We did not attain independence as equals - Mosojane

Former High Court Judge John Mosojane says the Independence Constitution was openly genocidal when it named the country, ‘Botswana'.

And worse still, it made Setswana the only national language, and declared it the only language teachable throughout the country.

Mosojane whose first submission to the Constitutional Review Commission was in June this year, says there is no question that, the first President, Seretse Khama, in complicity with the British, wanted to perpetually subjugate to extinction, that is linguistically, all non-Tswana tribes.

“Anyone with knowledge of the history of this country, which Khama and the British clearly had, would have known how this country was made up or how many other tribes in this country would have had an interest in the outcome of the talks at Marlborough and would, accordingly and quickly, have seen and appreciated Philip Matante’s point of view and agreed that those talks needed to be postponed for proper consultation with all the people of Bechuanaland,” writes Mosojane.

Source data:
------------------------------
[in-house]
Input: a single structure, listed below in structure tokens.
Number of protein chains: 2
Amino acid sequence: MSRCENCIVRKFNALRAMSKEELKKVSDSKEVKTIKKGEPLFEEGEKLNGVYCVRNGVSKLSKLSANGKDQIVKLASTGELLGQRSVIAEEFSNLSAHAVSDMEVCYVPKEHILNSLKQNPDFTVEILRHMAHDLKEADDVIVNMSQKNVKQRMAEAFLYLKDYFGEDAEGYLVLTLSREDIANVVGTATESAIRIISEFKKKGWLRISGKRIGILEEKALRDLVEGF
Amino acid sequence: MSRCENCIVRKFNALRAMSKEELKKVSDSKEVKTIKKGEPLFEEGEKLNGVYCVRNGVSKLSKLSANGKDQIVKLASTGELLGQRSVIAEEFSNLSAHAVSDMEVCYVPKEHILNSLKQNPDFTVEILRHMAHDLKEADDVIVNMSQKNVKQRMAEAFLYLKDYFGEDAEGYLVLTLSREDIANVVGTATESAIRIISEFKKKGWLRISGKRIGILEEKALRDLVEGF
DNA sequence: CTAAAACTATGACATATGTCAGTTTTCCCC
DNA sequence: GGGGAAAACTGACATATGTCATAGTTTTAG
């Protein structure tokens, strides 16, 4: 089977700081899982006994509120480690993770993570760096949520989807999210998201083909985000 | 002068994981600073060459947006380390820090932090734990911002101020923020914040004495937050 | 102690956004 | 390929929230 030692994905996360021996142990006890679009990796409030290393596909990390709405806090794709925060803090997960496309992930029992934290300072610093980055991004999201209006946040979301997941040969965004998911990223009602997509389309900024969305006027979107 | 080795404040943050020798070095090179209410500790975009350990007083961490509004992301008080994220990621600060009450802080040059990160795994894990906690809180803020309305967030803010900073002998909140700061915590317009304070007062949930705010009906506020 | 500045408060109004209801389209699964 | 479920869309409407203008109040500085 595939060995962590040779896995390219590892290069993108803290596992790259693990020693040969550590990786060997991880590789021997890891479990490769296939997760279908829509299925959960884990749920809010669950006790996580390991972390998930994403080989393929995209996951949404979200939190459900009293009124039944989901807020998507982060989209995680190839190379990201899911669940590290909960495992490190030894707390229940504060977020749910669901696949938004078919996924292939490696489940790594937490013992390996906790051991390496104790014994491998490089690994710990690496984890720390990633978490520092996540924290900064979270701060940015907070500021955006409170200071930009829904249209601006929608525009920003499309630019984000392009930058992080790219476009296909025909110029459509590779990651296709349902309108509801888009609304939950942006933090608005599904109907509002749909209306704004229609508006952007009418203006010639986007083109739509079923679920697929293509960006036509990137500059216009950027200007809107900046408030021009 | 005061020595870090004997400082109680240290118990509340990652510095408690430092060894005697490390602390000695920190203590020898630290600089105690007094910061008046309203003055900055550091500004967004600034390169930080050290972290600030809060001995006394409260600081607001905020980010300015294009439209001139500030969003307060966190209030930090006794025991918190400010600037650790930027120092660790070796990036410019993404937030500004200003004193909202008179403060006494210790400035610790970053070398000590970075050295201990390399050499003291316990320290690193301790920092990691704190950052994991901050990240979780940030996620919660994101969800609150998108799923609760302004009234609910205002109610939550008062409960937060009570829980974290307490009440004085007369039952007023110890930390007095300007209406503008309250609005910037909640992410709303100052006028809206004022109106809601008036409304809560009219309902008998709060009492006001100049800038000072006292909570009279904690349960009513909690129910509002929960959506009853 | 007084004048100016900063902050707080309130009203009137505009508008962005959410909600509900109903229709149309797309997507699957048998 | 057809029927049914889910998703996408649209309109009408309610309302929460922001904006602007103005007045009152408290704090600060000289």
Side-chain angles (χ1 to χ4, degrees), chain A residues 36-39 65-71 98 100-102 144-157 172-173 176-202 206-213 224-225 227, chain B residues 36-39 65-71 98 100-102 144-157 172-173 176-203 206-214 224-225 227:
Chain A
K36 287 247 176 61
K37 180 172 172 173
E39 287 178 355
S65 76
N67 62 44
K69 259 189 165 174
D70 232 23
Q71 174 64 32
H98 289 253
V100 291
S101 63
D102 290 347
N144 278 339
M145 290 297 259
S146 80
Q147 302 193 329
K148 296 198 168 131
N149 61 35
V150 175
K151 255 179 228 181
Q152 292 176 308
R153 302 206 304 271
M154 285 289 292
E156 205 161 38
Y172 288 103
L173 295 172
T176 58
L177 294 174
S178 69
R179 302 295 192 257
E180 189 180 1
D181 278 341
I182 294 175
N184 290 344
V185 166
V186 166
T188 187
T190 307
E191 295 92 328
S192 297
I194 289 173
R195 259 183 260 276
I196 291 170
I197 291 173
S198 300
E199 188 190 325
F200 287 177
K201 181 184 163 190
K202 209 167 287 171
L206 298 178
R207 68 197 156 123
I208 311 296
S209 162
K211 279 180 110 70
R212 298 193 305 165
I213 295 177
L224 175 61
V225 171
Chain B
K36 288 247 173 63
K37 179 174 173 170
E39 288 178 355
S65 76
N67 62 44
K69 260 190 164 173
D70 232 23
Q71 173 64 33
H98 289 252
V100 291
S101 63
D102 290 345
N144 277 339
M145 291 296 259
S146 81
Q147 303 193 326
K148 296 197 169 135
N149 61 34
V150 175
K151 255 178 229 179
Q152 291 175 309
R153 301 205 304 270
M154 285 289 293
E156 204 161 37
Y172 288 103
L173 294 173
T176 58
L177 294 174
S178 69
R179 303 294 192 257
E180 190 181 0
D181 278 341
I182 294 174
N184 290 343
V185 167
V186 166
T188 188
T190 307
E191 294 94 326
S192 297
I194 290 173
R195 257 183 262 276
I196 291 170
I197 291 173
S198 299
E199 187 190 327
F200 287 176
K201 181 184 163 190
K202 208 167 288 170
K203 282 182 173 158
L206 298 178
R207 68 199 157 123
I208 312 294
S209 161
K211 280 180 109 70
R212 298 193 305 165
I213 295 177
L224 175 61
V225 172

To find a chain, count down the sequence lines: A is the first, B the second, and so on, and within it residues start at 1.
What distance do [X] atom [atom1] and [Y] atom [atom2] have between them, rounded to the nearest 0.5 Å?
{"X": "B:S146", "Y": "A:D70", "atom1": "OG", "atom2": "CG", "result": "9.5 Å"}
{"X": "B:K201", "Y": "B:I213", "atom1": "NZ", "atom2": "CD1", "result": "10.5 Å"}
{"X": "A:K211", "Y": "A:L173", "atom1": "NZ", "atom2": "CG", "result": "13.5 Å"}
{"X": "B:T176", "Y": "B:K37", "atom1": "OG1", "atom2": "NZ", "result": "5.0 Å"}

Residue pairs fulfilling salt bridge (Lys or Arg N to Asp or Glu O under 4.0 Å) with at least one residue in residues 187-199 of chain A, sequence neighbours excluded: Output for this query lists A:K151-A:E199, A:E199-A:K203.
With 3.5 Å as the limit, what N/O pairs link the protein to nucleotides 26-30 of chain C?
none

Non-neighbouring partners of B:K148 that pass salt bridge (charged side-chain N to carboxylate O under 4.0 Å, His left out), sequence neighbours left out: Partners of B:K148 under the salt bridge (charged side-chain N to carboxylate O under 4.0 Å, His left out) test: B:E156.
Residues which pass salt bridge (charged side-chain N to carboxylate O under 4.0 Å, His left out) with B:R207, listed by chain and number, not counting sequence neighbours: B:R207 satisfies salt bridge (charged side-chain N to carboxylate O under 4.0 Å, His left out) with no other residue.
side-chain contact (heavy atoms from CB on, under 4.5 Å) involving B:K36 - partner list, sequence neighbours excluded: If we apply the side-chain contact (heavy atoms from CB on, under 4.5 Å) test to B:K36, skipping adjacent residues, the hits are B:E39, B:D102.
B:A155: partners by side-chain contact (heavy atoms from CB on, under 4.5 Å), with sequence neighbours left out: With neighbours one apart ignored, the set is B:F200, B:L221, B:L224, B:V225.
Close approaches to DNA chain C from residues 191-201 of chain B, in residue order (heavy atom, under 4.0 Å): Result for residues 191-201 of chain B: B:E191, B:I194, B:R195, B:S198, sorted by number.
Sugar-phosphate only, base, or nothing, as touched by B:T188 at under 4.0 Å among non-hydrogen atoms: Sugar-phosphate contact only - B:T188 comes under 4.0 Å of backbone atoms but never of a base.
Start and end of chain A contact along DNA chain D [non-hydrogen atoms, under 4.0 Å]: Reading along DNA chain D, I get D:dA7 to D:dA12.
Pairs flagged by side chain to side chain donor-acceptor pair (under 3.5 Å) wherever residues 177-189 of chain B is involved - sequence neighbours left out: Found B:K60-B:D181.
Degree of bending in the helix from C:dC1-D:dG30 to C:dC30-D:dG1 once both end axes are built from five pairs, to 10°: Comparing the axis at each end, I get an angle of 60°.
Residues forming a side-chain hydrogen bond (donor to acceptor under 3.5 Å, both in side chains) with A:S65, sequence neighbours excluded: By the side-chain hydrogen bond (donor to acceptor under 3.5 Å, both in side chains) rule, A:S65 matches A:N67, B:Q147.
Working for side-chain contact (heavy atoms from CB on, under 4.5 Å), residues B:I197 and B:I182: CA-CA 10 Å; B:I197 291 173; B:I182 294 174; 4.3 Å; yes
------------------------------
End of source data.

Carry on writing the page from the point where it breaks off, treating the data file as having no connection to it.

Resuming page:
The former secretary general of the Botswana Peoples’ Party (BPP) accuses the system of having given the Dikgosi of Tswana tribes and their people, land as well as the power to lord it over all the non-Tswana speaking tribes.

“They were further elevated to membership of the Legislative Council sitting in Mafikeng and chaired by the Resident Commissioner they made laws and decided on other matters for the whole of the Bechuanaland territory. Thus, they became more powerful even over the Chiefs of the other tribes," laments Mosojane.

According to him, the Tswana Chiefs amassed even more powers when they became ex-officio members of the House of Chiefs, now Ntlo ya Dikgosi.